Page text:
Technologies for Production, Processing, and Extractions of Nature Product Compounds, 2nd Volume

A special issue of Processes (ISSN 2227-9717). This special issue belongs to the section "Separation Processes".

Deadline for manuscript submissions: 31 December 2024 | Viewed by 781

Special Issue Editor


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Guest Editor
Department of Agricultural, Food and Forestry Sciences, University of Palermo, 90128 Palermo, Italy
Interests: metabolomics analyses of food products; analytical techniques; green extraction technologies; fruit and vegetables; bio-transformed products; multivariate statistical analysis
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Special Issue Information

Dear Colleagues,

This is the second volume of the previously successful Special Issue "Technologies for Production, Processing, and Extractions of Nature Product Compounds" (Link: https://www.mdpi.com/journal/processes/special_issues/nature_product_compounds).

Natural bioactive compounds include a plethora of structures and functionalities that provide a consistent pool of molecules for the production of nutraceuticals, functional foods, and food additives. Moreover, they have also shown great market potential for industrial applications in the pharmaceutic and cosmetic sectors. These compounds, which are produced and recovered from various biological sources (such as fruits, vegetables, medicinal plants, wastes, and byproducts), can be found in nature either at high concentration (i.e., polyphenols) or at very low levels, such that massive harvesting is needed to obtain sufficient amounts. Indeed, their structural diversity and complexity make chemical synthesis unprofitable. The development of advanced technologies has been fundamental for overcoming the inherent difficulties in screening and producing these compounds. Traditionally, they are extracted via conventional liquid–liquid or solid–liquid extraction techniques, but this approach implies negative thermal influences on extraction yield and quality with a large expenditure of organic solvents and energy. Moreover, with the growing consumer demands for greener alternatives that do not involve toxic chemicals, as well as the industry’s concerns around sustainable, nontoxic routes of extraction, the applications of novel extraction technologies (including, for instance, ultrasound-assisted extraction, microwave-assisted extraction, and enzyme-assisted extraction, as well as their combination) are becoming more and more widespread.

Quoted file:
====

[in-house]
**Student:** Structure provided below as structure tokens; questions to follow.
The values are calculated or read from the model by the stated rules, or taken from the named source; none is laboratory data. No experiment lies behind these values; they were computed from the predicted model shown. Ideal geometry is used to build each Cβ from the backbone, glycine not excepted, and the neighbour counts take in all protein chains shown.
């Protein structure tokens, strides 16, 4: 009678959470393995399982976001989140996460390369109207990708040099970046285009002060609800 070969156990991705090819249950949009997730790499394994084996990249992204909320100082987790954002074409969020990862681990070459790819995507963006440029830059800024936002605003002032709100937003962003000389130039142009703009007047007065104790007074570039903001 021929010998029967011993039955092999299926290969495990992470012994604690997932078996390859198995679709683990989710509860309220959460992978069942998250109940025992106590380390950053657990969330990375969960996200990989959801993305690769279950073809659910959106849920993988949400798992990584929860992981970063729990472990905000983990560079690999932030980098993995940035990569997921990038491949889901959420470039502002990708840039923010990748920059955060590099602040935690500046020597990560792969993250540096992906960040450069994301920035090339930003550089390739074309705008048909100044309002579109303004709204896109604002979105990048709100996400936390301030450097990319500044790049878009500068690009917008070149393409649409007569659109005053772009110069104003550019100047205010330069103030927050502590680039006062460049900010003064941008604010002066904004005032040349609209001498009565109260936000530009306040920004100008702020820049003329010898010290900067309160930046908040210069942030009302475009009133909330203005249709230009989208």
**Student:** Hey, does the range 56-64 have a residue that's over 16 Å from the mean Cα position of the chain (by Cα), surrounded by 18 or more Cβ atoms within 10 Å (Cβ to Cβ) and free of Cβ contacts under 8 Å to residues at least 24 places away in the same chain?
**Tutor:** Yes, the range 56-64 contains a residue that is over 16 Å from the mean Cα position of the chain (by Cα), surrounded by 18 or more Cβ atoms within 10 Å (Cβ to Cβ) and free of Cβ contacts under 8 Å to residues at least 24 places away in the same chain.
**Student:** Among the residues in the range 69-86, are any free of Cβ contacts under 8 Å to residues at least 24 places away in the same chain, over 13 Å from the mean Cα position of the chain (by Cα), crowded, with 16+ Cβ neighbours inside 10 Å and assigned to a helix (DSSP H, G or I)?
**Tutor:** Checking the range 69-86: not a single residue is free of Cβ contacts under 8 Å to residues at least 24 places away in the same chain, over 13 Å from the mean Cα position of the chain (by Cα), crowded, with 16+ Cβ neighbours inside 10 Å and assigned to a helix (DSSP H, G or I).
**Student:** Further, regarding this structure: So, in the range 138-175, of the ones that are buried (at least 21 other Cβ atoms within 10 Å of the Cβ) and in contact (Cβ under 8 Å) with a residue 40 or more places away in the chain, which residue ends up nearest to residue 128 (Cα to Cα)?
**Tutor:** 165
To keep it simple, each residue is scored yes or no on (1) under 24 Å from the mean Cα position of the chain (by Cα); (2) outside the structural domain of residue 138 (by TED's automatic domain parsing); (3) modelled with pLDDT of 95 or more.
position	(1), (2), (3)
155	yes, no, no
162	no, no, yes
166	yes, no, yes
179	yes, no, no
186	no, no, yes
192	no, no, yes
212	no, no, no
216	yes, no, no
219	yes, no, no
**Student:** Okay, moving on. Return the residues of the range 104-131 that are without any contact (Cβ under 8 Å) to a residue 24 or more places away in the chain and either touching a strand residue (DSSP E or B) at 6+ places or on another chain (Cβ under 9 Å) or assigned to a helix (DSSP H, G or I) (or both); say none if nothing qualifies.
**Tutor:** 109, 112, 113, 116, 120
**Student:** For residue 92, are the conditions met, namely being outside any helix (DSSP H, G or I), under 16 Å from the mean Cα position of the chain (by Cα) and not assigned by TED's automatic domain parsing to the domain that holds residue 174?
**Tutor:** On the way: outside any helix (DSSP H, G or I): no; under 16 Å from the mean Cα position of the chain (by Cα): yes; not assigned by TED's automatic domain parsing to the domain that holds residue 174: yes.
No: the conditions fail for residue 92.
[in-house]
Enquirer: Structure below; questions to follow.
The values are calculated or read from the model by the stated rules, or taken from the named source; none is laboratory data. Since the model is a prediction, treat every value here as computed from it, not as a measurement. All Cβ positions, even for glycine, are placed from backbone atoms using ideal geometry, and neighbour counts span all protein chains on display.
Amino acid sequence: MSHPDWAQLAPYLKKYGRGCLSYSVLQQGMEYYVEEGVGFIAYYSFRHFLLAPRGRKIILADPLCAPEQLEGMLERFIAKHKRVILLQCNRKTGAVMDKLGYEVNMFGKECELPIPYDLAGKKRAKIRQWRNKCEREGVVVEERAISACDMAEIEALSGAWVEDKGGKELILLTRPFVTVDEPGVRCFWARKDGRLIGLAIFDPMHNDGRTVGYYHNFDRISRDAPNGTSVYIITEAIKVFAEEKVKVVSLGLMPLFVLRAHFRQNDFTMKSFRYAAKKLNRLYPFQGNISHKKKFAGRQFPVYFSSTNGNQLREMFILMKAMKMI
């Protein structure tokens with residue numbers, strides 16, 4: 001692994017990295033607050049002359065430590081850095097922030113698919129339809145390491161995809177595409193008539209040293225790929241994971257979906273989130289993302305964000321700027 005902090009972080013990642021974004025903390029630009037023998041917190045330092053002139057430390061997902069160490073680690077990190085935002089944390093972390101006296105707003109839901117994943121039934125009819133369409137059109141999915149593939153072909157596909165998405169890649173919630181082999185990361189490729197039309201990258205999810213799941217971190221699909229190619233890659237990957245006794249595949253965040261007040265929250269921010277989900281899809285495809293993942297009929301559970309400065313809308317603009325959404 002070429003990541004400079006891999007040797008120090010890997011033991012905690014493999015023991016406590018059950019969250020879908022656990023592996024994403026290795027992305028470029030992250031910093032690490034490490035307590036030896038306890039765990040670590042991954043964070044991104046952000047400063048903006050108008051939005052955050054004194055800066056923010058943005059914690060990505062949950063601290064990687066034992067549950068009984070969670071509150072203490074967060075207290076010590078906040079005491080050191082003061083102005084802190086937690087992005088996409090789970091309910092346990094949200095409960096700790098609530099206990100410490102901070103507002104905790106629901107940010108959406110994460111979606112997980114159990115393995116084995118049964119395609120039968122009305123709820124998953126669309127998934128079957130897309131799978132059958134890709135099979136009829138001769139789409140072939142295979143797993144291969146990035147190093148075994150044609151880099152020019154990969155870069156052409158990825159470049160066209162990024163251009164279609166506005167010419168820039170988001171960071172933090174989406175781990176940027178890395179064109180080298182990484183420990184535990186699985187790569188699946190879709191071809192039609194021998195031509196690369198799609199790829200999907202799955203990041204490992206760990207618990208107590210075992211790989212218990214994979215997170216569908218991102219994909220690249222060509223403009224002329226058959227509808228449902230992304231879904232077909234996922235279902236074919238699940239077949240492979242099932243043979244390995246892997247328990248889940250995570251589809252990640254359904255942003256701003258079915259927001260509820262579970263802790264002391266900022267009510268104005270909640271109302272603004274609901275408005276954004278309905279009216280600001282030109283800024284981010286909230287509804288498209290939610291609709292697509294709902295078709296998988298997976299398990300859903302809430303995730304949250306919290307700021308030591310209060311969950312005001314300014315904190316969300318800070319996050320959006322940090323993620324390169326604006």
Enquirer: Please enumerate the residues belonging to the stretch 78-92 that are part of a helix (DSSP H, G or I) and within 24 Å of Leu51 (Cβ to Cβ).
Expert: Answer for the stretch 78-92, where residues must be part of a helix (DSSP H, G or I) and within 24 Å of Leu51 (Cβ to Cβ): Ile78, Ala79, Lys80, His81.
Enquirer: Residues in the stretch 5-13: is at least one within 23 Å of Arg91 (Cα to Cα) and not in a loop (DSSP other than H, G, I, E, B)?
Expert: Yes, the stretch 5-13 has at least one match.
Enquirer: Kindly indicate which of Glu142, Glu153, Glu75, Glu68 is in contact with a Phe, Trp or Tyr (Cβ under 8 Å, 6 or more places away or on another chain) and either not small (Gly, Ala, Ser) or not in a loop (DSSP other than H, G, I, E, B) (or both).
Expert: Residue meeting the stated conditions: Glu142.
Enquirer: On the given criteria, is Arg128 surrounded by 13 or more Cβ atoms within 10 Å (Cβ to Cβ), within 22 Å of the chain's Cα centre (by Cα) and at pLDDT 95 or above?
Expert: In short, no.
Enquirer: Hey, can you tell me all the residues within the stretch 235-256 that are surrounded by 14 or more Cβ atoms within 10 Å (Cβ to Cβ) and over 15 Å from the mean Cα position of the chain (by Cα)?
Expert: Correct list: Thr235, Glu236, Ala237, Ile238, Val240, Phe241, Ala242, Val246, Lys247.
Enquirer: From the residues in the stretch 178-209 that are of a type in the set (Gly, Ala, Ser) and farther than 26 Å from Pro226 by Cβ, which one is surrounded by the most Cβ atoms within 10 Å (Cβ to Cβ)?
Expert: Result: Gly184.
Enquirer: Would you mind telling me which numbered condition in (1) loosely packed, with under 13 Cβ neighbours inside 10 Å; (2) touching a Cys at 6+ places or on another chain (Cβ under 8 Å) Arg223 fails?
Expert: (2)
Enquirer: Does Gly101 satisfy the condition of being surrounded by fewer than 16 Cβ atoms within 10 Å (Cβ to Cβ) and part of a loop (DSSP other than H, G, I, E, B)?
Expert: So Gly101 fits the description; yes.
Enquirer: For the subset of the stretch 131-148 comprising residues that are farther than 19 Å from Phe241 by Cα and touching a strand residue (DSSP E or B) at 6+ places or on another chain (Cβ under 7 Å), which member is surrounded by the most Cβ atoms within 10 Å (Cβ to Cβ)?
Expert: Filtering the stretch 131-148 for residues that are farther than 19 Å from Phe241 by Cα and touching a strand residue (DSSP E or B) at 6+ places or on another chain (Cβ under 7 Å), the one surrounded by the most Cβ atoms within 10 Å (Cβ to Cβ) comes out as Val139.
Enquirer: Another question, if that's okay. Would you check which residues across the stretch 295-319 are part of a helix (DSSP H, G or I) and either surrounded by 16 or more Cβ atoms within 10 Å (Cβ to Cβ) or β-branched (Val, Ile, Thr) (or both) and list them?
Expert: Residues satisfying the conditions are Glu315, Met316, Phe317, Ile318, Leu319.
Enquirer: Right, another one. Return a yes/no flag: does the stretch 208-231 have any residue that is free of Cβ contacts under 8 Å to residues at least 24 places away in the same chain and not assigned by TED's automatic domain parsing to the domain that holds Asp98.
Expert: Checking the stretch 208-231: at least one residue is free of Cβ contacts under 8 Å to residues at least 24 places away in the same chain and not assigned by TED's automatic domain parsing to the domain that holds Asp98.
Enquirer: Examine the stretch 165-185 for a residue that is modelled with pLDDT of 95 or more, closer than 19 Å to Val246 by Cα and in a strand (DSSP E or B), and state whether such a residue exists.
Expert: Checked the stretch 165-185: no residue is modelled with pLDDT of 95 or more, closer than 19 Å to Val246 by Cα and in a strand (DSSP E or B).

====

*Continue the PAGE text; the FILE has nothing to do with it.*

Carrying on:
This Special Issue of the journal Processes on “Technologies for Production, Processing, and Extractions of Nature Product Compounds” aims to group original research and review articles about the setting and optimization of production and processing strategies, as well as conventional and innovative extraction technologies of natural compounds.

Dr. Pasquale Crupi
Guest Editor

Manuscript Submission Information

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Keywords

  • natural product chemistry
  • biological sources
  • leftovers
  • production methods
  • processing
  • non-conventional extractions
  • methods of analysis

Published Papers (1 paper)

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Research

11 pages, 1601 KiB  
Article
The Effect of Reverse Sorption on an Extraction Kinetics Melanin Case
by Igor Lomovskiy, Aleksey Kiryanov and Tatiana Skripkina
Processes 2023, 11(11), 3192; https://doi.org/10.3390/pr11113192 - 08 Nov 2023
Viewed by 457
Abstract
Research into extraction kinetics is one of the crucial factors in a technological process. Extraction is used predominantly when working with organic feedstock. The study of the kinetics of extraction of a substance is a complex process, which is influenced by a large [...] Read more.
Research into extraction kinetics is one of the crucial factors in a technological process. Extraction is used predominantly when working with organic feedstock. The study of the kinetics of extraction of a substance is a complex process, which is influenced by a large number of factors. This paper presents an analysis of one of these factors, namely the influence of reverse sorption on the process of substance release from the matrix. Sorption can directly affect the intraparticle diffusion constants and, consequently, the rate of release of the substance. Using buckwheat husk as an example, its sorption capacity was assessed to assess the sorption factor on the rate of melanin release. To select the optimal parameters of the chemical process, the experiment was carried out at temperatures of 40, 50, and 60 degrees Celsius. The Axelrud and Baker–Lonsdale equations were used to describe the kinetic models. Full article
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